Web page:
Navigating the wealth of Open Access resources

Open Access resources have become increasingly common in recent years, with a wide range of supporters from researchers to publishers and international organisations such as UNESCO. While this can greatly improve a resource’s availability, it is equally important to increase the accessibility and visibility of these resources if they are to make a greater impact.

Open access is a key area of interest for INASP and for many years we have been collecting and displaying information about the growing number of resources available on our website.

As we have recently launched our new website we were given a great opportunity to reflect on what we are listing, why it was important to list these resources and how we can best display them.

Why are we listing Open Access resources?

There is a growing wealth of open access resources available that can provide valuable information for researchers and librarians globally – so we saw the website as a good space for INASP to share these resources with our partners and colleagues in developing countries.

A few reasons INASP displays a list of Open Access resources are:

  1. To build awareness of current research: Open Access resources are an important addition to those available via institutional subscriptions or access initiative such as those administered via INASP, eIFL and Research4Life
  2. To inform budget decisions in the selection of e-resources: Where budgets are very limited (or even non-existent), being aware of what is available via all sources becomes really important, particularly in deciding where money is spent
  3. To increase access and use: In institutions without library catalogues we hope that pointing to a resource list, such as the one we produce, will help researchers and librarians to easily find and access what is available
  4. To improve visibility and dissemination of research: publishing research Open Access increases its discoverability, especially through media and citation, and has a stronger outreach as it can be accessed both by academics and the public. It’s therefore very important to make Open Access research easily discoverable. We hope that our list will play a part in that direction and support librarians and researchers to find the material they need.

However, it’s especially important to know what Open Access is and to have a better understanding of the complexity and many potentially confusing developments. To help ‘demystify’ Open Access, we also provide links to resources that we hope will be a useful starting point to these issues.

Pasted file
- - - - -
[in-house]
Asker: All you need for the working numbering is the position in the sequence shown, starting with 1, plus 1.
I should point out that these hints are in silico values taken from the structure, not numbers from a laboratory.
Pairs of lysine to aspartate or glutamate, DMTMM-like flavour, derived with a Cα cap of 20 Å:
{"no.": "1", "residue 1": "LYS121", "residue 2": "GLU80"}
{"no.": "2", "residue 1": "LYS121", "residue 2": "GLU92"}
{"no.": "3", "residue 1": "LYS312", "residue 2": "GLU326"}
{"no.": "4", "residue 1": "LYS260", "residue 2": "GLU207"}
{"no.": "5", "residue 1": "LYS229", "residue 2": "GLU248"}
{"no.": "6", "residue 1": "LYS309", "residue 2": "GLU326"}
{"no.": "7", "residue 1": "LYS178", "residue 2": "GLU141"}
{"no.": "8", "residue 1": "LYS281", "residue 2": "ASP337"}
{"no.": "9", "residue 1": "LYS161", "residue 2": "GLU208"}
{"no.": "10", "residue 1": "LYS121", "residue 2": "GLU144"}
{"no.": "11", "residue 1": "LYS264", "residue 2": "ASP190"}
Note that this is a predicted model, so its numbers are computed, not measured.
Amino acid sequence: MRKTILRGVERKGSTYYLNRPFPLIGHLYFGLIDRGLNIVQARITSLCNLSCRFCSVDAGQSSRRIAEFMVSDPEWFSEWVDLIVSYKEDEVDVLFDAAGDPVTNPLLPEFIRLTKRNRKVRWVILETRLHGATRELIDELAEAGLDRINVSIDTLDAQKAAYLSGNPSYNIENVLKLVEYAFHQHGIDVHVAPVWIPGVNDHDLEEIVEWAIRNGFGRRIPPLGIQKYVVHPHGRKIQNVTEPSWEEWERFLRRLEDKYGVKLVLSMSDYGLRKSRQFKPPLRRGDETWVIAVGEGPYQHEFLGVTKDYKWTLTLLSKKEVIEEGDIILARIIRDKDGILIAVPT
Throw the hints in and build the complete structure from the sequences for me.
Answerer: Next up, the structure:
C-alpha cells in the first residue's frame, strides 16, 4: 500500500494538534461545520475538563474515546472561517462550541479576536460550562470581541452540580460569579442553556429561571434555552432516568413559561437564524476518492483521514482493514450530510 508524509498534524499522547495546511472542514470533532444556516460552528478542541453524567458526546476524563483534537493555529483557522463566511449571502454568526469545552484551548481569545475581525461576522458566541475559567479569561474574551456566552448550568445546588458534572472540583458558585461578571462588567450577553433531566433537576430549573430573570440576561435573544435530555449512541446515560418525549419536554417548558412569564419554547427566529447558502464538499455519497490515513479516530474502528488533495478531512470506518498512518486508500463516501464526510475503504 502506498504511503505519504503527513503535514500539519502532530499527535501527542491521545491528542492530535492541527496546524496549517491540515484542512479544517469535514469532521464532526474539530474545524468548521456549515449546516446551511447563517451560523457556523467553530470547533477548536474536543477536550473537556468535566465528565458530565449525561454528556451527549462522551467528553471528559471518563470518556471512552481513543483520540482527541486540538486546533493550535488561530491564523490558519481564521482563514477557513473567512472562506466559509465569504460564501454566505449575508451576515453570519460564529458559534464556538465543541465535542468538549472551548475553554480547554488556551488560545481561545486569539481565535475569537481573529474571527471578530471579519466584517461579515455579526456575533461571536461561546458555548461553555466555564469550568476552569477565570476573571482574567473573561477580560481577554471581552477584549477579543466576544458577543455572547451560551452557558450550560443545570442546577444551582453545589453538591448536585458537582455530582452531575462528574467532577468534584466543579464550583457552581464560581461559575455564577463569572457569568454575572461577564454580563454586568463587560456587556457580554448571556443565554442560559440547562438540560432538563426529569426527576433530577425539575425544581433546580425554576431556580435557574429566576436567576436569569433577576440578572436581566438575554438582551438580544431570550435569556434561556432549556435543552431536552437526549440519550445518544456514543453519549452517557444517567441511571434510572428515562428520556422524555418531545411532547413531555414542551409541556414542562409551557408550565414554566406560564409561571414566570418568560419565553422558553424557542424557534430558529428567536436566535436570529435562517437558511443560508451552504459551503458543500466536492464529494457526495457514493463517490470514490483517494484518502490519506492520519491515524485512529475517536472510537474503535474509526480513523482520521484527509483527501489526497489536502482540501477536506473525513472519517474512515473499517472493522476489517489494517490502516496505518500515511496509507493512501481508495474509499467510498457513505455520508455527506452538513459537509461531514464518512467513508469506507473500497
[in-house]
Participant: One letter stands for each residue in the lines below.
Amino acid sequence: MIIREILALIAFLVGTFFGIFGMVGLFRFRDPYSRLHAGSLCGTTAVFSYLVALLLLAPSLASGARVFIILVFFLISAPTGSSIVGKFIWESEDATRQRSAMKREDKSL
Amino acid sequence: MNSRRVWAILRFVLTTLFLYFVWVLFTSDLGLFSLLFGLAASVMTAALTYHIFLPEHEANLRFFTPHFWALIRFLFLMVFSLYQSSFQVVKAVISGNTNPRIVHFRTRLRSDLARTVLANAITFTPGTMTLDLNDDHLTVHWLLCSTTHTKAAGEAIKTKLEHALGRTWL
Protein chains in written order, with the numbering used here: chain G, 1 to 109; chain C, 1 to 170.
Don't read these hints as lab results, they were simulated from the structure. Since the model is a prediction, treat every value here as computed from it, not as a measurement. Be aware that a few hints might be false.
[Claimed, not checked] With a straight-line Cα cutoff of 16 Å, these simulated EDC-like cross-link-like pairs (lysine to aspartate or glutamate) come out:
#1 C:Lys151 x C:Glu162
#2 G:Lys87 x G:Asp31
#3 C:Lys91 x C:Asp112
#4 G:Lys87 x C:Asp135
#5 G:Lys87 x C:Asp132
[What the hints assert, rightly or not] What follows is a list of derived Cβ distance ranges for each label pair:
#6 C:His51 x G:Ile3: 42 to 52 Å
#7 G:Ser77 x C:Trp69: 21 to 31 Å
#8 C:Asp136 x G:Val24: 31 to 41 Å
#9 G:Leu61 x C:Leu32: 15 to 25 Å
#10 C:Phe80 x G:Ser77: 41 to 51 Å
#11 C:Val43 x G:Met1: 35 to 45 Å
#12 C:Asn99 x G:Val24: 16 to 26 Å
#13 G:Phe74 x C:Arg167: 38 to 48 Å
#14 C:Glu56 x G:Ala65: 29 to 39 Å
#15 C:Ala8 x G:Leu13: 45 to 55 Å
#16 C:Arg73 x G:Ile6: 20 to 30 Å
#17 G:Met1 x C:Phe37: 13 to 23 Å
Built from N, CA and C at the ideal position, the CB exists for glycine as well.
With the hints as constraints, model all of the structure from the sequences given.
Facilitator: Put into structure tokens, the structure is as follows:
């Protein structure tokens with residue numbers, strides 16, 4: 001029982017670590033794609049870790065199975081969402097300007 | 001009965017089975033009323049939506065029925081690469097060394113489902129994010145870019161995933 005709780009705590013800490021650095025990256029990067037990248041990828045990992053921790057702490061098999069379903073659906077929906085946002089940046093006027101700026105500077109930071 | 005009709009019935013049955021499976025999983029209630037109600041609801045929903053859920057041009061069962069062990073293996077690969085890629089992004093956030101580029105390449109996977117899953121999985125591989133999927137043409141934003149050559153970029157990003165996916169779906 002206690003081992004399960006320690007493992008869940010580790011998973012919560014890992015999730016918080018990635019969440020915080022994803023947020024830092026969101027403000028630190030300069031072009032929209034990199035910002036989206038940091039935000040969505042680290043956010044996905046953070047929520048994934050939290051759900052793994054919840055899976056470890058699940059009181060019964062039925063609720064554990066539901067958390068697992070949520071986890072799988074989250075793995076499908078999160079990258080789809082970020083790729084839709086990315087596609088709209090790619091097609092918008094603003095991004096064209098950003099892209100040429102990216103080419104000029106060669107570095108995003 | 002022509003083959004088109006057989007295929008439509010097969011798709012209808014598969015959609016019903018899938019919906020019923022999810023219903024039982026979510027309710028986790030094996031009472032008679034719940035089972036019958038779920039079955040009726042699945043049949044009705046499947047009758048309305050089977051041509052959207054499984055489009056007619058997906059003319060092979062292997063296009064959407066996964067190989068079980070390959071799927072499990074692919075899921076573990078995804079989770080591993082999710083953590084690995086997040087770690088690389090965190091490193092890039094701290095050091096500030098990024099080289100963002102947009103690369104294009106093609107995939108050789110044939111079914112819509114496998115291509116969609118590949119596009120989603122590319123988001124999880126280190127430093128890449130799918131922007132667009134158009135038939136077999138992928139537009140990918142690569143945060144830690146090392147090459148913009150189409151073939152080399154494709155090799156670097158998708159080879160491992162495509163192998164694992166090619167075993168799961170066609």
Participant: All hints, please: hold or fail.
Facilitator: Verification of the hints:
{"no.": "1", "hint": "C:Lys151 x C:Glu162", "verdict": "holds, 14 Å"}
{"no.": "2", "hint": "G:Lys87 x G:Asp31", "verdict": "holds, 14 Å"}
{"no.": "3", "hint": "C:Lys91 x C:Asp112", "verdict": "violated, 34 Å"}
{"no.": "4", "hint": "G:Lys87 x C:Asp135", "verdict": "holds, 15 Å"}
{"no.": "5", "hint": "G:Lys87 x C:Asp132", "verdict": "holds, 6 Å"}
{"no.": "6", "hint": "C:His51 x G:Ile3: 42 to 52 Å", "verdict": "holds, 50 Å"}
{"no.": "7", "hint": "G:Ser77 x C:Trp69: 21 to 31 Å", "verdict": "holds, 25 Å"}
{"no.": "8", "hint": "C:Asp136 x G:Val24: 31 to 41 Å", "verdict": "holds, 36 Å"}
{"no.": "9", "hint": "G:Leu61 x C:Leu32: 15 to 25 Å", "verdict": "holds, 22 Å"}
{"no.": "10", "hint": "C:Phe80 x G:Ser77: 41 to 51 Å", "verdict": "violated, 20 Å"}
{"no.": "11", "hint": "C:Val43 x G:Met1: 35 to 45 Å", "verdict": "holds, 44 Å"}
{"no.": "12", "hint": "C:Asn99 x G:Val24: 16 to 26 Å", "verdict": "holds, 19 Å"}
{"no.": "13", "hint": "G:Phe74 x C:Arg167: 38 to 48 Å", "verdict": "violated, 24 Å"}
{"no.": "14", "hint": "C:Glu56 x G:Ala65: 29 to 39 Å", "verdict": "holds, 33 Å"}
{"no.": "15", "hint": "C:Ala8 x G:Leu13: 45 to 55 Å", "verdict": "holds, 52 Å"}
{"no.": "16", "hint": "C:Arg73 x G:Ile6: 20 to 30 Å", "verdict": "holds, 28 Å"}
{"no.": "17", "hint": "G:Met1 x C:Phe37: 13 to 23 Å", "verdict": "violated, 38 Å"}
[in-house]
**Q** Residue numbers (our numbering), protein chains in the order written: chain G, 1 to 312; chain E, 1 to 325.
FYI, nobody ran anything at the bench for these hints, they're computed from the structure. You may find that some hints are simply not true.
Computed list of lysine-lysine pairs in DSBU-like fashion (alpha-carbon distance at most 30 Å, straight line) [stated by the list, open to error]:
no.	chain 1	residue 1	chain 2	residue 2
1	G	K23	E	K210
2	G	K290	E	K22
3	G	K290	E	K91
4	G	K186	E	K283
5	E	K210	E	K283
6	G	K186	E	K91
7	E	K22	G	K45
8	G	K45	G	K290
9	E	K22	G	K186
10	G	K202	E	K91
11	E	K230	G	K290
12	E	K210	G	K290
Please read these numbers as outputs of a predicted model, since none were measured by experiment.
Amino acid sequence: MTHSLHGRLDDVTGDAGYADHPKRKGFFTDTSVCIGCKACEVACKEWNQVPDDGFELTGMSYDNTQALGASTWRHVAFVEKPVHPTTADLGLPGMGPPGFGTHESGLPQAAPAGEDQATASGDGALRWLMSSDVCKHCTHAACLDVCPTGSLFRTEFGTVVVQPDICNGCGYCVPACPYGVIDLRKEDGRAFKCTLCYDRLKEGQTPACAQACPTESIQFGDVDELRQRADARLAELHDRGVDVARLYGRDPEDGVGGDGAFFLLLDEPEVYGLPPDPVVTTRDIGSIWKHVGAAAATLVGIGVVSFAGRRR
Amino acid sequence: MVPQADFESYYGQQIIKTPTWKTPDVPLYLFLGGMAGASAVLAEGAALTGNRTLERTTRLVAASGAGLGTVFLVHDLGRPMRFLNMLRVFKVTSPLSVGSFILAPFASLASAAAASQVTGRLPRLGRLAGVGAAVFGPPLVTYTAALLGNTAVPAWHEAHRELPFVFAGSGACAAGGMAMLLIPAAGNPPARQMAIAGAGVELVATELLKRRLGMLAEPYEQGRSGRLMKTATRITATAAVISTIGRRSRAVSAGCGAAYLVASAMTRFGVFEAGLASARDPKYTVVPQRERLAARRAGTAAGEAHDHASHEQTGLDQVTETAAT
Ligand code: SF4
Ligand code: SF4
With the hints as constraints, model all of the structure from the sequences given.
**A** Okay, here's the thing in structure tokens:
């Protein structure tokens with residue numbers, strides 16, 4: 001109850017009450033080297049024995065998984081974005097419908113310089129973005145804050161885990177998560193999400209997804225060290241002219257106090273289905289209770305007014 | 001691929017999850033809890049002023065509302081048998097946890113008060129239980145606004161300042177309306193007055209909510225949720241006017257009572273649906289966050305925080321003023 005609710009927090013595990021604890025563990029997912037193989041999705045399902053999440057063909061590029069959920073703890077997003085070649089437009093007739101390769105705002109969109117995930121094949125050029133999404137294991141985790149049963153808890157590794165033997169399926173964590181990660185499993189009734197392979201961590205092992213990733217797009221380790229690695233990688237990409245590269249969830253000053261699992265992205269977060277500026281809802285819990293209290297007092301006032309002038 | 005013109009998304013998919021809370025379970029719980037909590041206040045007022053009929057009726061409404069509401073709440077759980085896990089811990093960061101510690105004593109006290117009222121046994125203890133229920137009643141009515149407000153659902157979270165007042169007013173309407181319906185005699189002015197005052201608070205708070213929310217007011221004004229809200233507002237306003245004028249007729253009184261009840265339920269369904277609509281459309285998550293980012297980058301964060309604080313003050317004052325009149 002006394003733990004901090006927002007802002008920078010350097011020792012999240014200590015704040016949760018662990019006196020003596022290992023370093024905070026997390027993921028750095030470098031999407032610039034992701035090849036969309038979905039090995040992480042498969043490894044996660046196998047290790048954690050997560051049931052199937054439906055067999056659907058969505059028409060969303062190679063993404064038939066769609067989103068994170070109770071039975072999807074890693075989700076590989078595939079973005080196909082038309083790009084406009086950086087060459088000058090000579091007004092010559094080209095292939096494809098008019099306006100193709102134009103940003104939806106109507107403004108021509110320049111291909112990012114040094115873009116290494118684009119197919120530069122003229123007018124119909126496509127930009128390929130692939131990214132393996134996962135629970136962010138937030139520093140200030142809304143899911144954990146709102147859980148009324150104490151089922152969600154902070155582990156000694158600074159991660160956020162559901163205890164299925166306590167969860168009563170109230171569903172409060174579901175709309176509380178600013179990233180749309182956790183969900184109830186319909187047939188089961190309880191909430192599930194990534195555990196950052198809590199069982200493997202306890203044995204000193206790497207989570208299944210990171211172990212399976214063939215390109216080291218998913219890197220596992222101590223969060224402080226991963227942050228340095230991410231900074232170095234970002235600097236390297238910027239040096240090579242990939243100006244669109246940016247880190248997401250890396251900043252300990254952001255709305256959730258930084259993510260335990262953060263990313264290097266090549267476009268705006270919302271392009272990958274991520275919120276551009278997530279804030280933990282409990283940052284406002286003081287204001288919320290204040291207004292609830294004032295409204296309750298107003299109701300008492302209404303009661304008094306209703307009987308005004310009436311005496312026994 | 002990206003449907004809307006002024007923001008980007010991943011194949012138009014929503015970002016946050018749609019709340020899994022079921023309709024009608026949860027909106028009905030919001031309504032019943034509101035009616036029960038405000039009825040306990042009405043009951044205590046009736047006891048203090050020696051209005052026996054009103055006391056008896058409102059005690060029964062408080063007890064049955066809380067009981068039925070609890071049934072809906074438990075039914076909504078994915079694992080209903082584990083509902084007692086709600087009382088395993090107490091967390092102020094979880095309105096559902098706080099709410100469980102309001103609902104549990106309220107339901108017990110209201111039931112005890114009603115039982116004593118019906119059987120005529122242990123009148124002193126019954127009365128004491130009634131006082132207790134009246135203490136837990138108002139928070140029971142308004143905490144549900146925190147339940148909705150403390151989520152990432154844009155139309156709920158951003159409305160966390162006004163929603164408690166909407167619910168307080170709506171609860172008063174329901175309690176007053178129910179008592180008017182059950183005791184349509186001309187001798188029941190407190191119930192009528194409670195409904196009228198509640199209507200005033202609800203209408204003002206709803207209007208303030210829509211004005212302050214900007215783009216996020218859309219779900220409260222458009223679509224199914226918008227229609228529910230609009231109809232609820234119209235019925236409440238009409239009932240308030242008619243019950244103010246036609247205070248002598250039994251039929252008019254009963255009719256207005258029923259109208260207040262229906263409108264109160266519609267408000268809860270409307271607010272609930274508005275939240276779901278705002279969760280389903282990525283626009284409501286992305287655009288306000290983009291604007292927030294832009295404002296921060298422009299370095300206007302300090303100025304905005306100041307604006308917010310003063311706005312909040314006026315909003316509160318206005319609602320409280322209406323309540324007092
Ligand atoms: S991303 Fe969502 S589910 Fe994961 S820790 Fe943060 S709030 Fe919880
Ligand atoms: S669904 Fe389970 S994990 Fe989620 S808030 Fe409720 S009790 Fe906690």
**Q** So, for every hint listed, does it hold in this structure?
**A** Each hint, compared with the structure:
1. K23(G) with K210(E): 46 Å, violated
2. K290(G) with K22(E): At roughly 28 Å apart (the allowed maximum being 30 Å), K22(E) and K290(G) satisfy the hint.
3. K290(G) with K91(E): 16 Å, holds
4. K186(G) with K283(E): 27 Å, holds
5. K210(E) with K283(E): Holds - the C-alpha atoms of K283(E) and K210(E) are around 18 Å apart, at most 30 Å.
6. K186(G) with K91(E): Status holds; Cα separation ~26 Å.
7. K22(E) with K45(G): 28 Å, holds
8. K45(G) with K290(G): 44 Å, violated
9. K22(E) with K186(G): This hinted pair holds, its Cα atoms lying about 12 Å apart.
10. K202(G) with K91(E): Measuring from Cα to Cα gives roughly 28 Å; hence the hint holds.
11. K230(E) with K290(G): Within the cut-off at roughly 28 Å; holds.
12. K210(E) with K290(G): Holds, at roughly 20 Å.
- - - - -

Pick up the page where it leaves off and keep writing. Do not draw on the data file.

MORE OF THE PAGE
What are we listing?

The Open Access section highlights key directories (such as the Directory of Open Access Journals and OpenDOAR) and provides links to subject specific resources. The inclusion of subject specific resources allows INASP to showcase resources that have broader content than journal articles (e.g. grey literature such as conference proceedings, policy briefings, reports and other data). Two examples of interesting non-article focussed resources we make are the chemical structure databases found in ChemSpider and medical textbooks found in FreeBooks4Doctors.

To make the list current and relevant, we have updated the content and added new resources, including those from large international publishing houses (e.g. Springer Open, Taylor&Francis Open, Wiley Open Access). We also wanted to include exciting new initiatives such as PeerJ and eLife so that people could find out more information – this seems like a good space to do so!

How has the list improved?

We really wanted to increase visibility of what we were listing so it was important for us to make it easily accessible for researchers, librarians and students.  We really enjoyed exploring how to improve its user-friendliness and content relevance and made several changes in that direction. As a starting point, we defined our criteria of inclusion: we wanted to include resources regularly updated, peer-reviewed, easily searchable and accessible.

To identify what users are more familiar with, we cross-checked our subject categories against DOAJ subject listing and introduced new ones as Development Resources and African Studies. A multidisciplinary Science section was also created, to ensure resources with more than one science subject focus can be more easily found.

And the future?

We will keep exploring the best ways to display information about Open Access resources. We will give greater visibility to useful resources by introducing the “Open Access Resource of the month”. The resource of the month will appear in our news section and will be shared via the discussion groups of our partner and network countries.

We hope that you enjoy the changes we’ve made and find them useful. For further information on our Open Access links, or to feedback suggestions for improvement, contact me or leave a comment below.

Ambra Venturini
Ambra is a Programme Assistant in the Research, Access and Availability team at INASP.

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